Richard Heckler 1 year, 10 months ago

Do you think there should be a citywide vote on a new rec center?

If you agree, please sign the petition below that calls for the City Commission to put the rec center project to a public vote in April:

SIGN PETITION HERE

http://www.change.org/petitions/city-commission-city-of-lawrence-public-vote-on-the-public-financing-of-the-regional-rec-center

msezdsit 1 year, 10 months ago

Compton defaulted on a 20m loan in topeka and with this on his resume, the city of lawrence gave him a free pass on his latest building on 9 street. Lawrence city commission has no shame when it comes to dealing with these guys.

jafs 1 year, 10 months ago

jhf - that's why I oppose speculative investments by cities and other public entities.

Predicting the future is risky.

Let the developers take the risks, and let cities provide infrastructure and basic services. If developers are right, and make money, great. If not, that's a shame, but that risk is part of their game. It shouldn't be part of the city's game though.

And, meanwhile, they should pay their taxes.

"Irrational optimism" is behind all of the boom/bust cycles I know of, from the Great Depression to our most recent mess. I prefer a more cautious approach.

jhawkinsf 1 year, 10 months ago

Yes, predicting the future is risky. But necessary. When I first moved to Lawrence, it was half the size it is now. Between 1940 and 1950, Lawrence's size grew by 62%. During some decades, Lawrence grew at a 40% clip while the last decade saw a 9.4% increase in size. That's a lot of growth. If someone isn't predicting the future, there will come a time when kindergarteners won't have enough classrooms to accommodate them. Or we might be swimming in extra space. We might have a housing shortage. Or a glut of housing. We may have a shortage of jobs, roads, parks. Or we may have too much of all of that. Someone better be in the business of predicting the future. That's not to say your concerns aren't valid. But I'm having a tough time imagining what Lawrence would be like if someone wasn't using the best information available and then making decisions based on that.

Let me throw out a little concept here, one that I'd like for you to consider. We hear much about the housing bubble, the dot com bubble, depressions, recessions, etc. It's like CNN breaking in with a Breaking Story that a plane has crashed. It's news. What we don't hear about is all the thing going right. All the projections that turned out to be accurate. CNN doesn't break in and tell us all that a plane has landed safely with no problems. That's not news. So while many people worry about traveling by plane, the most dangerous part of that journey is the drive to the airport. And while you're hearing about the projections gone wrong, you're not hearing about the projections gone right. You're perspective has become skewed.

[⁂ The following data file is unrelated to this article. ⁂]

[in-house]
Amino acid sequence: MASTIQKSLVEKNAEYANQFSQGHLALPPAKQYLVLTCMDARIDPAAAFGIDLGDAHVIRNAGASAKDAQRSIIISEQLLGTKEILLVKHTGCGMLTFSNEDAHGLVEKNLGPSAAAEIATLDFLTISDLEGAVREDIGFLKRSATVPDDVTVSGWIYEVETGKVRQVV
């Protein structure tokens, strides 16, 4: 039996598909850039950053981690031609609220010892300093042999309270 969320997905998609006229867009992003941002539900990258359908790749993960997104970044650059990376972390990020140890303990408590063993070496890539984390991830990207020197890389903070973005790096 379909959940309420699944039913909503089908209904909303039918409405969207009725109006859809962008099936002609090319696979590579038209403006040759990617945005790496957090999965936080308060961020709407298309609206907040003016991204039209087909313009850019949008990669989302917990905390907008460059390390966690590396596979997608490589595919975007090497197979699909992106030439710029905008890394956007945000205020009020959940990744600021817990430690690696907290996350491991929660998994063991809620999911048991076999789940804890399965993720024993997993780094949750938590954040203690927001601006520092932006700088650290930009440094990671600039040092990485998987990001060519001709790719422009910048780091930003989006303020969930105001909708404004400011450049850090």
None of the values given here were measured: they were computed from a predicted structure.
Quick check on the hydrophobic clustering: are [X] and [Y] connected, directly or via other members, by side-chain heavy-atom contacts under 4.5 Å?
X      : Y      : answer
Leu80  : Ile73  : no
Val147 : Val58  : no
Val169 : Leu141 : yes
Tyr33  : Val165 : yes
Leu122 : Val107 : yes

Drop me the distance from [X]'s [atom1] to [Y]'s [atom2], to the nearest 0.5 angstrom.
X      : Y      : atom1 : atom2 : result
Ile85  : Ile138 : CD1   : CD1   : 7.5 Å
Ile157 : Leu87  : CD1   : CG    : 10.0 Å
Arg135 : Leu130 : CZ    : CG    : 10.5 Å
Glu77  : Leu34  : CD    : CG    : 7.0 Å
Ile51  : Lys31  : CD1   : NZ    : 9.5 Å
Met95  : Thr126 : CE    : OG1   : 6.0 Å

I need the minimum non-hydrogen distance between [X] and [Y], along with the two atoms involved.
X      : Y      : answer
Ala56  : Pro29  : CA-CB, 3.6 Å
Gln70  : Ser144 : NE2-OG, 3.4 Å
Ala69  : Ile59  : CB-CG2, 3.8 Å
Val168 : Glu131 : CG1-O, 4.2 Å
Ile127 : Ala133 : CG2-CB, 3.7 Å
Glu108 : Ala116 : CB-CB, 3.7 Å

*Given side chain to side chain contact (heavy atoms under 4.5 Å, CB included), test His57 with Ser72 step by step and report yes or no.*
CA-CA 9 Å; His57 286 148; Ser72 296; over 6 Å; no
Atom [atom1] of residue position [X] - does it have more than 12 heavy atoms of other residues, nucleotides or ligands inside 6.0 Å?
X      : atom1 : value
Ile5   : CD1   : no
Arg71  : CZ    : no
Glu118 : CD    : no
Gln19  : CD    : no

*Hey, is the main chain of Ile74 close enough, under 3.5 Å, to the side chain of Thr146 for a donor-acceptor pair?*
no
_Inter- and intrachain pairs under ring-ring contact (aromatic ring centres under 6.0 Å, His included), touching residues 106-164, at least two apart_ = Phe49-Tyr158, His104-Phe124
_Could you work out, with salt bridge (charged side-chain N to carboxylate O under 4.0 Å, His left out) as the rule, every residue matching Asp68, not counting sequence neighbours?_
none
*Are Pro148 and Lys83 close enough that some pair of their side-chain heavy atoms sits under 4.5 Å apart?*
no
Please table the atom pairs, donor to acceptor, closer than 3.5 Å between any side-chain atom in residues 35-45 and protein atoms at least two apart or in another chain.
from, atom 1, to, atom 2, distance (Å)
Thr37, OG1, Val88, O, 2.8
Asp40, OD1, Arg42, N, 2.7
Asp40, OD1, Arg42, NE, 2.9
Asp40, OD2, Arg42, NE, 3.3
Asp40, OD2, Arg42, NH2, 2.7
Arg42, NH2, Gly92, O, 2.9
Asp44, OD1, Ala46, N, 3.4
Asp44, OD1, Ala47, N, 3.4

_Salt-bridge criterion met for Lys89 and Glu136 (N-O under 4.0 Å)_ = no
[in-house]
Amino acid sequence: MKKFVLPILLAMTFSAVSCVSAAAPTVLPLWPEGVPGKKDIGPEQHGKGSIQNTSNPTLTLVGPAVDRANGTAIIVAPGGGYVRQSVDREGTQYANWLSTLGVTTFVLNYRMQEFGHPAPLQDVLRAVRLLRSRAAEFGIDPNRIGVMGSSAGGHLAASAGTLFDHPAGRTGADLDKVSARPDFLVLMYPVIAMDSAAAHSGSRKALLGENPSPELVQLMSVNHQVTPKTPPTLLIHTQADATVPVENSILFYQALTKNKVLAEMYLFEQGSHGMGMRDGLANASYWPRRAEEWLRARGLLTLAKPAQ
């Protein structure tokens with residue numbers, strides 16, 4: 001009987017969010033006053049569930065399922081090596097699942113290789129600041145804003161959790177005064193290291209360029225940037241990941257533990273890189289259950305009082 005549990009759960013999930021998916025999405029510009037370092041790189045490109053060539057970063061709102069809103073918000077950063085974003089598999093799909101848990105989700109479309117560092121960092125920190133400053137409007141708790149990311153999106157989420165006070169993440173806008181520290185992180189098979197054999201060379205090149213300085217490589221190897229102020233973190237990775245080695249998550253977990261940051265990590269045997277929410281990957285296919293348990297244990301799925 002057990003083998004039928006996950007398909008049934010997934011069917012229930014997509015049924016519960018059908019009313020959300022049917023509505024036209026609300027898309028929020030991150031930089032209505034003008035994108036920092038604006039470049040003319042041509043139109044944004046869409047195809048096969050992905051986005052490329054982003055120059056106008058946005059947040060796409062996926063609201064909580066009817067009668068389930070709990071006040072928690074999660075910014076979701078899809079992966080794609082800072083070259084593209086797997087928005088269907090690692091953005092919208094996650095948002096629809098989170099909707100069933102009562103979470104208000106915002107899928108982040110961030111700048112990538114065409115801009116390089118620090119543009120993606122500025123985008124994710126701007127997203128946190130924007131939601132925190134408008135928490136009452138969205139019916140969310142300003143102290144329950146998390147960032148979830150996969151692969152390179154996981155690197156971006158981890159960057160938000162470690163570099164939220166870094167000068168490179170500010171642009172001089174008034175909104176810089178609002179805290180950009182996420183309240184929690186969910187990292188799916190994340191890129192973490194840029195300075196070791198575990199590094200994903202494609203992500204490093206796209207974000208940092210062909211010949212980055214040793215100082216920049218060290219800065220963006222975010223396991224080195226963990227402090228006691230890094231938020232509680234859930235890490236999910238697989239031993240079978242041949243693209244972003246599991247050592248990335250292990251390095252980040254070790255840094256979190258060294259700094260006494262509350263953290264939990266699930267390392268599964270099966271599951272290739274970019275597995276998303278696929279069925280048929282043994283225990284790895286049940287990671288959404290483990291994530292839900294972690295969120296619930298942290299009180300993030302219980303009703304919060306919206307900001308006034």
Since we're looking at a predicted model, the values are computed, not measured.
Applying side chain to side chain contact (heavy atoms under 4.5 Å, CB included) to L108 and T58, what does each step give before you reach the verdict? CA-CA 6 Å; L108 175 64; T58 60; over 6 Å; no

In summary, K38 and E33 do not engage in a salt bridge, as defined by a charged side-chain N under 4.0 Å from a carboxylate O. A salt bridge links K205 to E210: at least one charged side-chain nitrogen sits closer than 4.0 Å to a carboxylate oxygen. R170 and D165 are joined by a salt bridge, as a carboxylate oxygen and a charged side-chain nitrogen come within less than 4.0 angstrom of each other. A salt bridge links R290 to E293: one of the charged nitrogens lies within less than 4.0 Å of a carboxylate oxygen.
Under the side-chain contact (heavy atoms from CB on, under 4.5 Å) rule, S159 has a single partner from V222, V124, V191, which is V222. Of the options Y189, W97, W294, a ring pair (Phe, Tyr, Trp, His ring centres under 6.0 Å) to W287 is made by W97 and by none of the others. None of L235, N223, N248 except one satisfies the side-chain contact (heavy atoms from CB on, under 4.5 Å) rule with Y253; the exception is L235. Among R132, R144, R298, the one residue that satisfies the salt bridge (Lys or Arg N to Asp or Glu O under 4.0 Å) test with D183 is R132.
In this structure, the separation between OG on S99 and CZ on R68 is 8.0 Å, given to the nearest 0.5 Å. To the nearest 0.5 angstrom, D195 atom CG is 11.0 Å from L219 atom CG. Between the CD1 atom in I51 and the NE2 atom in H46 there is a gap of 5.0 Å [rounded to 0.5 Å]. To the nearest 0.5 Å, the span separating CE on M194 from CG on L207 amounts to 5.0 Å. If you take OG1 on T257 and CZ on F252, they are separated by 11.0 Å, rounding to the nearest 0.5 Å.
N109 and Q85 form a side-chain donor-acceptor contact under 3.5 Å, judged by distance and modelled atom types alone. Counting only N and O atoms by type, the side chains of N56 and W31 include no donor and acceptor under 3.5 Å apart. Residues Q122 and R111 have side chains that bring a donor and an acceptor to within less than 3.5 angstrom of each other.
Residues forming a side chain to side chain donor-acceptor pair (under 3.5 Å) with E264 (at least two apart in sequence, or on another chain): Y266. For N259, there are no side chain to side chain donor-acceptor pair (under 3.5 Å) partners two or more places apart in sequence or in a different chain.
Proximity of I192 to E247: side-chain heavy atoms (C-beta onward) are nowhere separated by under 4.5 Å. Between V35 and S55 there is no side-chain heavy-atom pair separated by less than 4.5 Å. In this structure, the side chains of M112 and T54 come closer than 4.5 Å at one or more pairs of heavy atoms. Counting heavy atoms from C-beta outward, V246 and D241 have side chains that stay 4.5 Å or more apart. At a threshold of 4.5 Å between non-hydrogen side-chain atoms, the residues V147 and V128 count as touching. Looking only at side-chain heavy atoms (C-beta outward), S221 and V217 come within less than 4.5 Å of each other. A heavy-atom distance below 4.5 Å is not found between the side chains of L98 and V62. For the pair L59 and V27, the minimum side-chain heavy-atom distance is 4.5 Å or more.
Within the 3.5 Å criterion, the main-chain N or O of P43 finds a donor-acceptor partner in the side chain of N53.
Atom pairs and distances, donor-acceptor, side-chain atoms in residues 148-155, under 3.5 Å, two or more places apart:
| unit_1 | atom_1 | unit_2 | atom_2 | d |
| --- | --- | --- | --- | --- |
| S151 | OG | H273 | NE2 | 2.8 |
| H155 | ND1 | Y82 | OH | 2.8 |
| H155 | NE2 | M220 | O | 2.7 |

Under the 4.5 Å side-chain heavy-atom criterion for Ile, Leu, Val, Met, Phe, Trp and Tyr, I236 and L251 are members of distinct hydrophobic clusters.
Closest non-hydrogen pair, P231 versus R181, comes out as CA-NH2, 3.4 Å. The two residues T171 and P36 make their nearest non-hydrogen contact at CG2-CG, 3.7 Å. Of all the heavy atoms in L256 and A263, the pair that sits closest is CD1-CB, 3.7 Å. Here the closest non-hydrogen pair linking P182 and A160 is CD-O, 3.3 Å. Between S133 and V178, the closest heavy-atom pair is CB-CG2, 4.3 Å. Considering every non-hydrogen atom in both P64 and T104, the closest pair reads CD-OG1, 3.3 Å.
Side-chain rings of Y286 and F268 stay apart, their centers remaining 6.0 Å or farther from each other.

jafs 1 year, 10 months ago

There's a very clear difference between trying to plan for growth based on realistic and sober projections, and the kind of crazy pro-development optimism that these kinds of projects involve.

If we had people actually looking at numbers without bias, and trying to decide what would realistically happen in Lawrence, and basing our decisions on infrastructure, etc. on that, I suppose that might be ok.

In either case, we may have a shortage or glut, depending on how our predictions were off, and in what direction.

I'm not willing to gamble with taxpayer dollars, that's all. And, there are enough examples of these kinds of speculative investments gone wrong for me to see that it's clearly a gamble.

If you have the time, and inclination, you could look up all such projects in the Lawrence area, and analyze the net gain or loss from all of them. It's enough for me to know it's a gamble, with a real chance of loss for taxpayers.

Of course, that's a hard thing to do, because we don't really know what would have happened without the projects, so there's no real control group.

Do you go to casinos and spend your hard earned money there? People do win in casinos sometimes, right?

jhawkinsf 1 year, 10 months ago

The population growth in Lawrence between 1980-1990 was 24.4%. Then between 1990-2000 it was 22.1%, before slowing to the aforementioned 9.4% from 2000-2010. I have to believe that someone in the city was trying to find businesses to come to Lawrence to accommodate a growing work force. I have to believe someone in the school district was advocating for more schools to accommodate the increases in enrollment. I have to believe that people were encouraging more housing so these people would have a place to live. I believe projects have been made, over and over again. You keep wanting to focus on the failures. I'm not saying they're not real. But since the successes aren't publicized, you're not hearing about them. But they're just as real. In fact, they're more real because there are more of them. You just don't hear about them. If all of these projections were wrong, or many of them were, we'd be having kindergarten classes overflowing. That we don't is an indication of a successful projection. But it isn't news, so you don't hear about it. We don't hear about massive unemployment or of a huge housing shortage. That's because of correct projections.